I started a new job in October. Because I had asked that my current employer not be contacted, during the background check they asked for a W-2 from my first year of employment there and a current pay stub. Obviously, it’s not a perfect check of my employment history but it’s hard to think of another method of verification. I was told I could blank out private information. I already had an offer letter by that point, and they had my address, SSN, etc to do the background check. I also know that they documents only went to the company doing the background check, not the recruiter or hiring manager.

      The real trick was finding a W-2 from seven years ago. I’d moved in the meantime and I nearly had a panic attack looking for my old tax returns.

      1. The Man, Becky Lynch*

        In the future, you should be able to request this information from your employer. People need that information to refinance things all the time, it’s rare that you’d think “She needs a W2?! Must be job searching…”

        I say this as someone who pulls random W2’s for people who are in the process of loan approvals!

        You can also get it from the IRS but that process is most likely slow AF, so doesn’t help if you’re looking to verify quickly.

        1. MsMaryMary*

          Asking payroll was my plan B, but we moved from one payroll system to another 4-5 years ago and I wasn’t confident they had quick access to old W-2s. I could access more recent ones myself.

  7. Goldfinch*

    What reason do jobs give for wanting an old W2? I mean, I know the real reason, but how do they pretend it’s relevant and necessary?

    1. The Man, Becky Lynch*

      Employment verification is what pops into my mind.

      But if that’s the case, they clearly shouldn’t care if you submit a redacted version *shines devil horns*

      1. voyager1*

        Yeah. But more then likely it is to determine your take home pay.

        I guess it could be a sneaky way to see if your in the USA legally/can work legally. Seems like a weird way of doing it though.

        1. The Man, Becky Lynch*

          The I-9 process is how you verify someone’s ability to work, so I don’t think you’d need to be that weirdly underhanded. You also save yourself from that if you do background checks and get those details sorted out before their first day.

      2. Staja*

        I needed them for employment verification and was asked to submit them with financial information redacted. When I needed to find documentation from 2007, back in 2018, I was able to get from the IRS with 24 hours. I had already shredded my copies.

    2. banzo_bean*

      sometimes the employers just say they’d like to see it to be able to make an offer. It’s a recent shift that employees shouldn’t have to provide this information to employers so some just aren’t on the up and up.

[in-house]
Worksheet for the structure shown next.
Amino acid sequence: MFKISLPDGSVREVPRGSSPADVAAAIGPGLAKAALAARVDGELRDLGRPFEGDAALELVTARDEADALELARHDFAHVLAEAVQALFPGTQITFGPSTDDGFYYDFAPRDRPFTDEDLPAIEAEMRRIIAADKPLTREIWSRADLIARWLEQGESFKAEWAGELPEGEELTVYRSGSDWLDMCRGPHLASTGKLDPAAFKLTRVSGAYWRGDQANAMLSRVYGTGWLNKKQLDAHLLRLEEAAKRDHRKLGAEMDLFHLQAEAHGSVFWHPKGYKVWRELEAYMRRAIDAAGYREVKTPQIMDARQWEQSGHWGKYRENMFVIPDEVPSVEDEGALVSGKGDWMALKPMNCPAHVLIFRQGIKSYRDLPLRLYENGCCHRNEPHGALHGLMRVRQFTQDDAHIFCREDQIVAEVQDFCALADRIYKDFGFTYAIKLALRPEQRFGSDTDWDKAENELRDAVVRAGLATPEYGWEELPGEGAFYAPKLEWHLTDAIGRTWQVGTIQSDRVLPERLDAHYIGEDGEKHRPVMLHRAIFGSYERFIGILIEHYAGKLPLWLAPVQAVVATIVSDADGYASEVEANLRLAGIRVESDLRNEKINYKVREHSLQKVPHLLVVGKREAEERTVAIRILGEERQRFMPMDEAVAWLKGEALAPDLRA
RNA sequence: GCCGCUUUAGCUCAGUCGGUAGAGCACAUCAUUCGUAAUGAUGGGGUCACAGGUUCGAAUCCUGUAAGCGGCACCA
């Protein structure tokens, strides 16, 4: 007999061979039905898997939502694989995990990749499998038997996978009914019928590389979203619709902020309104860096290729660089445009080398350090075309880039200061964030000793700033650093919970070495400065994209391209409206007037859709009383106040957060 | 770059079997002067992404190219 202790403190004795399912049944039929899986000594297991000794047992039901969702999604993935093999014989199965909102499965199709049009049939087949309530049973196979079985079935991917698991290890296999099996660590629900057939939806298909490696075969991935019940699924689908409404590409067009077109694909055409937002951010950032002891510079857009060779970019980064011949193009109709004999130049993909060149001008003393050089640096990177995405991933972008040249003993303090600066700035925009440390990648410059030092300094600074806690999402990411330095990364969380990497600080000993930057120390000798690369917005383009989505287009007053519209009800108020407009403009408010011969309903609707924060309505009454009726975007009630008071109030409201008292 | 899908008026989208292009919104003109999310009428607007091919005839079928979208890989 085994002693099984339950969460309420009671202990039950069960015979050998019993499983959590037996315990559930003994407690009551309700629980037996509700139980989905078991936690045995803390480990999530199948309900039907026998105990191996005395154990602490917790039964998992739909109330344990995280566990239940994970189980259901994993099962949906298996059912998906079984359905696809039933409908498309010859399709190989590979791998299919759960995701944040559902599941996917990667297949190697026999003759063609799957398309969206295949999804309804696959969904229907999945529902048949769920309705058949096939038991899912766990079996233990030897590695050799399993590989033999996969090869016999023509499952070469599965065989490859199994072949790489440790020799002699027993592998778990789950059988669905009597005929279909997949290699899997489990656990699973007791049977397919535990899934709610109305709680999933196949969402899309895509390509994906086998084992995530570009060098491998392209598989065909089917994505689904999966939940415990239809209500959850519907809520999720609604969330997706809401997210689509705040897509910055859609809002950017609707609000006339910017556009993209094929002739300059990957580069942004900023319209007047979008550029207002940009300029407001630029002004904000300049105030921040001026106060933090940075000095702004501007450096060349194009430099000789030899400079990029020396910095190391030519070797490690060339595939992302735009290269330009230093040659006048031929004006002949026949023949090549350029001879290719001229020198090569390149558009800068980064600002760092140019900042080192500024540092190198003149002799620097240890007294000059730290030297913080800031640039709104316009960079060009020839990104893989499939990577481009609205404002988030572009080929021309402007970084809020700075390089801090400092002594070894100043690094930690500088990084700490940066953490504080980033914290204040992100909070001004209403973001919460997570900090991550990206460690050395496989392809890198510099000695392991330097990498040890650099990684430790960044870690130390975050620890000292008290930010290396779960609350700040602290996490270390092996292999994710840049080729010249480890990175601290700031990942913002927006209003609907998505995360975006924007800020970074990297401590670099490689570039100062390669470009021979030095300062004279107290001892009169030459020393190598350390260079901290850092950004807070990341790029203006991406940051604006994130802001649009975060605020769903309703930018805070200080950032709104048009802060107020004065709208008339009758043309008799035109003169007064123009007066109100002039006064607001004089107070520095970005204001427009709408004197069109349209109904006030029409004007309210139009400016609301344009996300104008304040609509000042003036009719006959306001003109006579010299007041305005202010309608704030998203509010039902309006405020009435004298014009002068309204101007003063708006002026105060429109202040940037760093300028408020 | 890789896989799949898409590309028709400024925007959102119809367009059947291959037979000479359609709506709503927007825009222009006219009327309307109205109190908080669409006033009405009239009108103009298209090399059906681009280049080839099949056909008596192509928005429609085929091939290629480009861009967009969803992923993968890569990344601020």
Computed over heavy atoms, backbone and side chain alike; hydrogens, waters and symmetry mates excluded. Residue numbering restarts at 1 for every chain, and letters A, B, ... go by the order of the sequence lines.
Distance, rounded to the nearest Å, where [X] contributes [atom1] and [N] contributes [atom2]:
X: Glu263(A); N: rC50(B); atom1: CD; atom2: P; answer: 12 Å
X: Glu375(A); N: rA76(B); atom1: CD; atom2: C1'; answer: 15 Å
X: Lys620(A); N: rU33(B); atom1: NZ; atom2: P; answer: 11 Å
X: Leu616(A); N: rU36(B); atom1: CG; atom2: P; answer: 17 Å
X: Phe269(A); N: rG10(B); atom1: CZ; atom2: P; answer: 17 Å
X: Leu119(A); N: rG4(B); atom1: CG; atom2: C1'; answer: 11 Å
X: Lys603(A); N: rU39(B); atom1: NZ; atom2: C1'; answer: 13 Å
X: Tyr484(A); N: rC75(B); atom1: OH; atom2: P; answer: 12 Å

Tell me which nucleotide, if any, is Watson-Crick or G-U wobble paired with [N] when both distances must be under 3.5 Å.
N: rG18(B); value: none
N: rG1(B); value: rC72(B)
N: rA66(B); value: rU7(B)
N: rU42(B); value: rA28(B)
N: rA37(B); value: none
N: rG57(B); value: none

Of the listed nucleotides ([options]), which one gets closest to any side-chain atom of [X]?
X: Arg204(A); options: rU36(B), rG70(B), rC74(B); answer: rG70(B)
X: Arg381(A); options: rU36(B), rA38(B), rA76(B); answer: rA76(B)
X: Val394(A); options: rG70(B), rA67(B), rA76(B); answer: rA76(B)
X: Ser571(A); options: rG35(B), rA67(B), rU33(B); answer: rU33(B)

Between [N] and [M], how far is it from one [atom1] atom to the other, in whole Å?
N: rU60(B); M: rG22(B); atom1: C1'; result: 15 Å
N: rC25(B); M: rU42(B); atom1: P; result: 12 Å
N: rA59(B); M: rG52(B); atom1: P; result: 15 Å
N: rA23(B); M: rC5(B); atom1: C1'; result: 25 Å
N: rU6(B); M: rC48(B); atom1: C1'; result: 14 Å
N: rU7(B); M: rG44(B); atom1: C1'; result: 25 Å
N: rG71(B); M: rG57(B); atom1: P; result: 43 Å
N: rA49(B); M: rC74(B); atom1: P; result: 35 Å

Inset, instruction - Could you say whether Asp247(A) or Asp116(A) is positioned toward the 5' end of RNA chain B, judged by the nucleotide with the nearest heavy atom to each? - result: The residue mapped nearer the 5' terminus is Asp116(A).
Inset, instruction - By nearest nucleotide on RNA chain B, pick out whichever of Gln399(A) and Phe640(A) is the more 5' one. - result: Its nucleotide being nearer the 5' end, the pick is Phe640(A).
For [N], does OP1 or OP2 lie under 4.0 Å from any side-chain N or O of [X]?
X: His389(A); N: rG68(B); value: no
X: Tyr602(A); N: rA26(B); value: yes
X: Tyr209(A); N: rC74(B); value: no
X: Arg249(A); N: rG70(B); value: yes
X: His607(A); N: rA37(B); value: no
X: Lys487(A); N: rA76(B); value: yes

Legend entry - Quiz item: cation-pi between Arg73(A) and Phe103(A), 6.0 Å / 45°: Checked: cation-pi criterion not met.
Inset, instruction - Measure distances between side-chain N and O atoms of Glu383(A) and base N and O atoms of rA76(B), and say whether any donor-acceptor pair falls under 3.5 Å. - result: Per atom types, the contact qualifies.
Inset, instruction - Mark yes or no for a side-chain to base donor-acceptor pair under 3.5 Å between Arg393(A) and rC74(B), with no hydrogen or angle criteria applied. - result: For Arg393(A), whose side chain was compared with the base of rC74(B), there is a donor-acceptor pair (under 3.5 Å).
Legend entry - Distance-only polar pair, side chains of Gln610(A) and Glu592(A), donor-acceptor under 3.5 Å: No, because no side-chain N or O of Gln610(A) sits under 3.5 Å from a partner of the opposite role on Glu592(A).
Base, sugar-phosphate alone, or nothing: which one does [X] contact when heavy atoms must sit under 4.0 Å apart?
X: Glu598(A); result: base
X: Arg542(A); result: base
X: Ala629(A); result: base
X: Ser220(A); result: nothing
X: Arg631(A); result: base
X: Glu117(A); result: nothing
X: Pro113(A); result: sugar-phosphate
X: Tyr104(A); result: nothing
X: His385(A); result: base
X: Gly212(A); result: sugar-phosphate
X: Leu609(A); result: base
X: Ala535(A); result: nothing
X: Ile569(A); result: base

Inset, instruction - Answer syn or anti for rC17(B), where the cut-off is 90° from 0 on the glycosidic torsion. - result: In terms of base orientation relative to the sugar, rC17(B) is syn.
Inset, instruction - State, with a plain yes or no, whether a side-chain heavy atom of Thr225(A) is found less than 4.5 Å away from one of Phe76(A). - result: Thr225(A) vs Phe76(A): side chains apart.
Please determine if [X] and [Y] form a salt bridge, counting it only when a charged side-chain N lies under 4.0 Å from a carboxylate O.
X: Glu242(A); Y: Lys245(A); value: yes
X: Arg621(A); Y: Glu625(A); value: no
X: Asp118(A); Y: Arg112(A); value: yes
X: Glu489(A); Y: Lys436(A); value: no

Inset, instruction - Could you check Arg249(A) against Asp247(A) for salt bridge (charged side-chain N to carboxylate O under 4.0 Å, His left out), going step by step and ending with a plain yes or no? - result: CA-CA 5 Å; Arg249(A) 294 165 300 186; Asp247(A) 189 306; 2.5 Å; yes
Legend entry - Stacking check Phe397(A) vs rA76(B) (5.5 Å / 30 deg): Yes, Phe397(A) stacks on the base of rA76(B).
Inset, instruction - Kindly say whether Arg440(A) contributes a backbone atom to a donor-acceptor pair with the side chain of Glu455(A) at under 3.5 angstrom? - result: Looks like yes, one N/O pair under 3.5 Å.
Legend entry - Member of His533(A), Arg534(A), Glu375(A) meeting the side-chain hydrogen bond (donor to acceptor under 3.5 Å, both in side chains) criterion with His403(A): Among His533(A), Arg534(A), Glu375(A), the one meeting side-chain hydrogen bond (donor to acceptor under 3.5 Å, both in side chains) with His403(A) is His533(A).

3. Juli G.*

      Employment verification when there’s something shady on your resume vs. your LinkedIn/social media or if we can’t verify any employment history. My team is in charge of verification for new hires and we aren’t connected to what the offer is in any way nor do we give it to the hiring manager or recruiters.

  8. Dizzy*

    If the company is comfortable possibly breaking the law in asking me for my W2, they need to be comfortable with the aforementioned W2 having a couple of digits redone. Two can play at this game.

    1. Seeking Second Childhood*

      When Connecticut enacted its salary-history privacy law it became only the 6th state to do so.
      I’d be extremely leery of altering a W2 — that’s an official IRS document. (Me no mess with IRS!)

    2. Tzeitel*

      I wouldn’t do that, I would just note that it would be against the law to supply it. Or redact your income information.

  9. Retro*

    Woohoo! I’m glad that the company was actually trying to make sure OP was not underpaid (or at least it seemed like it). Albeit it was the wrong way to go about it, but I’m glad OP schooled them and they were receptive to OP’s responses! It is good to know that there are companies out there looking to offer fair compensation.

    And woohoo to OP sticking to their guns and doing research on their salary range.

  10. Ted Mosby*

    Oooh as a Chicagoan I had no clue Illinois had passed that law already so that is some HANDY information

  11. Harley*

    Congratulations!!! I’m also just-go-with the-flow-person, so I get how this experience must have been nerve wracking. Well done.

  12. Never Been There, Never Done That*

    WOO HOO!!! It’s so nice to hear some happy stories. Good luck for you LW and thank you Allison. I am on the hunt and also conflict-averse so this is great to know that it CAN happen in the real world.

  13. Dagny*


    Also, thank you for this update, because it’s a fantastic reminder that sometimes, the issue is that they are worried about not being able to attract talent, rather than trying to underpay the talent they’ve attracted. (For me at least, this would make me more confident in negotiations.)

  14. SebbyGrrl*

    Way to go OP!!! (standing up clapping)!!!

    One of the nicer aspects of this space is we get to root for total strangers and learn something ourselves too!

  15. MassMatt*

    Great job, OP! I hope more states prohibit demanding salary info, it almost always seems to work against employees. if it’s “too high” they eliminate you from the candidate pool (especially when a lazy employer asks for it with an initial application) and if it’s lower than their range they look at it as a bargain.

    OP a I recommend you take this opportunity to save for retirement and other goals, along with improving your standard of living. With this kind of jump you won’t notice a big contribution to a 401k or IRA.

  16. RUKiddingMe*

    Yay OP! Don’t let “the man” push you around.

    As “the man” (in the colloquial sense…I’m actually a woman) who reads this blog I find myself more and more happy with my decision to contract with an HR/Accounting/Payroll company that takes care of the legal stuff for me. I can never remember minimum wage…other than it generally increases every January (and I pay well above minimum even at entry level, so I need to make sure we do that), and I didn’t know that the ban on asking salary history went into effect this past July in Washington. Left to my own (lazy? inert?) devices I’d probably be running all kinds of afoul of the law(s).

  17. e271828*

    I am very happy for you! You handled this in in an exemplarily professional way. Much success to you going forward!